Ancient Greek tragedies are fundamentally about fate. King Midas’ obsession with money led him to acquire a golden touch and unintentionally turn his daughter into a statue. Oedipus’ single-minded pursuit of truth led him to discover that he had killed his father and married his mother. The message that the playwrights were trying to convey was that within the single-minded pursuit of one activity were forces that would undo the pursuer.

What the Greek playwrights portrayed dramatically, we understand empirically. There are unintended consequences of the pursuit of any single goal. In my last blog, I discussed the dangers of focusing on one single metric in a services and support organization. The primary danger is that we overlook the unintended effects of pursuing that single measure. As services and support executives or managers, we could be chasing a measure (with the best of intentions) that could be undermining our customer’s experience.

Peter Senge’s systems thinking (in his classic book, The Fifth Discipline) describes how many processes start to limit themselves as they grow or accelerate. Lots of services and support organizations function very well until they are faced with growth and must scale. Feedback within their own, very successful processes start to make the customer experience worse, rather than better. Organizations respond by accelerating these same processes, degrading the support experience even more. This is the fate of customer support, if we don’t relook at our measures and the behaviors they drive.

But there is a way to avoid this fate

Fundamentally, the way to avoid the fate of customer support is to understand more fully the effects of the measures we use on the behaviors of our teams. There are two concepts drawn from economics that can help us understand these unanticipated effects and take steps to address them.

  1. Metrics externalities. In economic terms, an externality is an unintended consequence of an action that isn’t reflected in its cost. We hear a lot about externalities in energy production – the health impact of smog isn’t priced into the coal-burning electrical plant’s cost model. Inside services and support organizations, driving improvement in one measure can have a negative effect on another. For example, focusing on time to close can result in lower quality scores for cases and knowledge articles.
  2. Tragedy of the commons. The tragedy of the commons is also a key concept. We all share common resources, like water or air, and our individual effects are small. Small effects build and, with no one owning the common resource, it degrades. Our customers’ experience is a common journey across multiple silos in our organization. Services and support organizations are measuring and rewarding one set of behaviors while sales might be driving toward another set. No one is measuring across the customer’s experience, so individual actions create disconnects and frustrate the customer.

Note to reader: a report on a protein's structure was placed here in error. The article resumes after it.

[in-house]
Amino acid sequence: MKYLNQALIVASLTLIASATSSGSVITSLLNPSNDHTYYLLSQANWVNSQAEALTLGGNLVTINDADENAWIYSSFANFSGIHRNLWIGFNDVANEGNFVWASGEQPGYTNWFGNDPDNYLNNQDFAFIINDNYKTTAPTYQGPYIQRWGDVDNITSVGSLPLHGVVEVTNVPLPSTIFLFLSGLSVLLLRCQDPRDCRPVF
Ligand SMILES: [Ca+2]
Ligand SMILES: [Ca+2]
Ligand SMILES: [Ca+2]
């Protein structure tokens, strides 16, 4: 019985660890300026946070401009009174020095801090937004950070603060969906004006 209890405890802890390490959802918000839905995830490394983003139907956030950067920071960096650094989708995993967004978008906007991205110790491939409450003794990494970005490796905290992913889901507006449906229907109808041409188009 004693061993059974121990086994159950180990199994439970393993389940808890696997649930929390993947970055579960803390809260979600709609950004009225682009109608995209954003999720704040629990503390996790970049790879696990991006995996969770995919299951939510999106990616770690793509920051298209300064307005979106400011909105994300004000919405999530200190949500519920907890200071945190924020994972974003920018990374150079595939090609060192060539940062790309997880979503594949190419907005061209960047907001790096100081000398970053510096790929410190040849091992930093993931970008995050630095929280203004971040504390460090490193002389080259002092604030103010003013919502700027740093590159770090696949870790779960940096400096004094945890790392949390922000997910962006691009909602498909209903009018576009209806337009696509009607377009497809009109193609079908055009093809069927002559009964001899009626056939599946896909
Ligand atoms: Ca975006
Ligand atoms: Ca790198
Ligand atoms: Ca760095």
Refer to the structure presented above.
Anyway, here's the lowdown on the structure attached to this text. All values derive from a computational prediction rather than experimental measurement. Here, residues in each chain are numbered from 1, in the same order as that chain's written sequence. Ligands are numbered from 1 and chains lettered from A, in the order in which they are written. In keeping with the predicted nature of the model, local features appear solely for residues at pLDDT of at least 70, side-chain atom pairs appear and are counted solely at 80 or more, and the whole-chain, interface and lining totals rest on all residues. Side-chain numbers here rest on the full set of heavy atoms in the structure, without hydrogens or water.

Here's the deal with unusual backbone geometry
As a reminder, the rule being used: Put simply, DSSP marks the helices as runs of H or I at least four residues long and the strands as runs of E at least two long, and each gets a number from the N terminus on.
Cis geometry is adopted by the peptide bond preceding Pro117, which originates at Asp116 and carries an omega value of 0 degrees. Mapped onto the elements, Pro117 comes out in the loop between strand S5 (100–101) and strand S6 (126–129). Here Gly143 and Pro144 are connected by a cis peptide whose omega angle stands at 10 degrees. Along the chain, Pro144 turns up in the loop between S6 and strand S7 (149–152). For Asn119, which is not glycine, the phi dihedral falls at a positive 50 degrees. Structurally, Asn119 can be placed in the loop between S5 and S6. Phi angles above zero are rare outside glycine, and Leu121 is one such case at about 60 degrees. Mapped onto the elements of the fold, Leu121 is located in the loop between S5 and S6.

So what, precisely, can we do to cheat fate?

Here are three ways to get started.

  1. Understand your metrics externalities. Start to look at the externalities your pursuit of a metric creates. Create a benchmark of all of your measures and then spend time and attention on one measure you want to impact. What are the trends in the other measures when you add this focus? What happens when you shift your focus to another measure?
  2. Visualize your measures differently. Stop presenting one or two measures in isolation. Visualize groups of measures together, drawing on your experience of how they might be interrelated (from your last efforts). Look at other ways of visualizing the data, including spider or radar charts (they are very easy to create in Excel).
  3. Think about the commons. What effects are your measures having on other parts of the organization? If you have Customer Success, Renewals, or Account Management teams, talk to them about what they are measured on and see if what you are looking at or driving could be impacting them.

We cannot understand measures in a vacuum. If we do, we will find that our organization has fulfilled the fate of customer support. We will keep working harder and never get better results. But understanding the measures and how they interrelated will help define productive steps that will enable services and support organizations to scale and cheat fate.

As support managers, we need to identify a key set of measures that will drive real value for our company and build projects that drive these measures toward a common goal. That’s what we are building with TSIA, a common set of measures that is generally accepted and that can provide real guidance for support teams. We would love for you to join the effort and our Metrics LinkedIn group!

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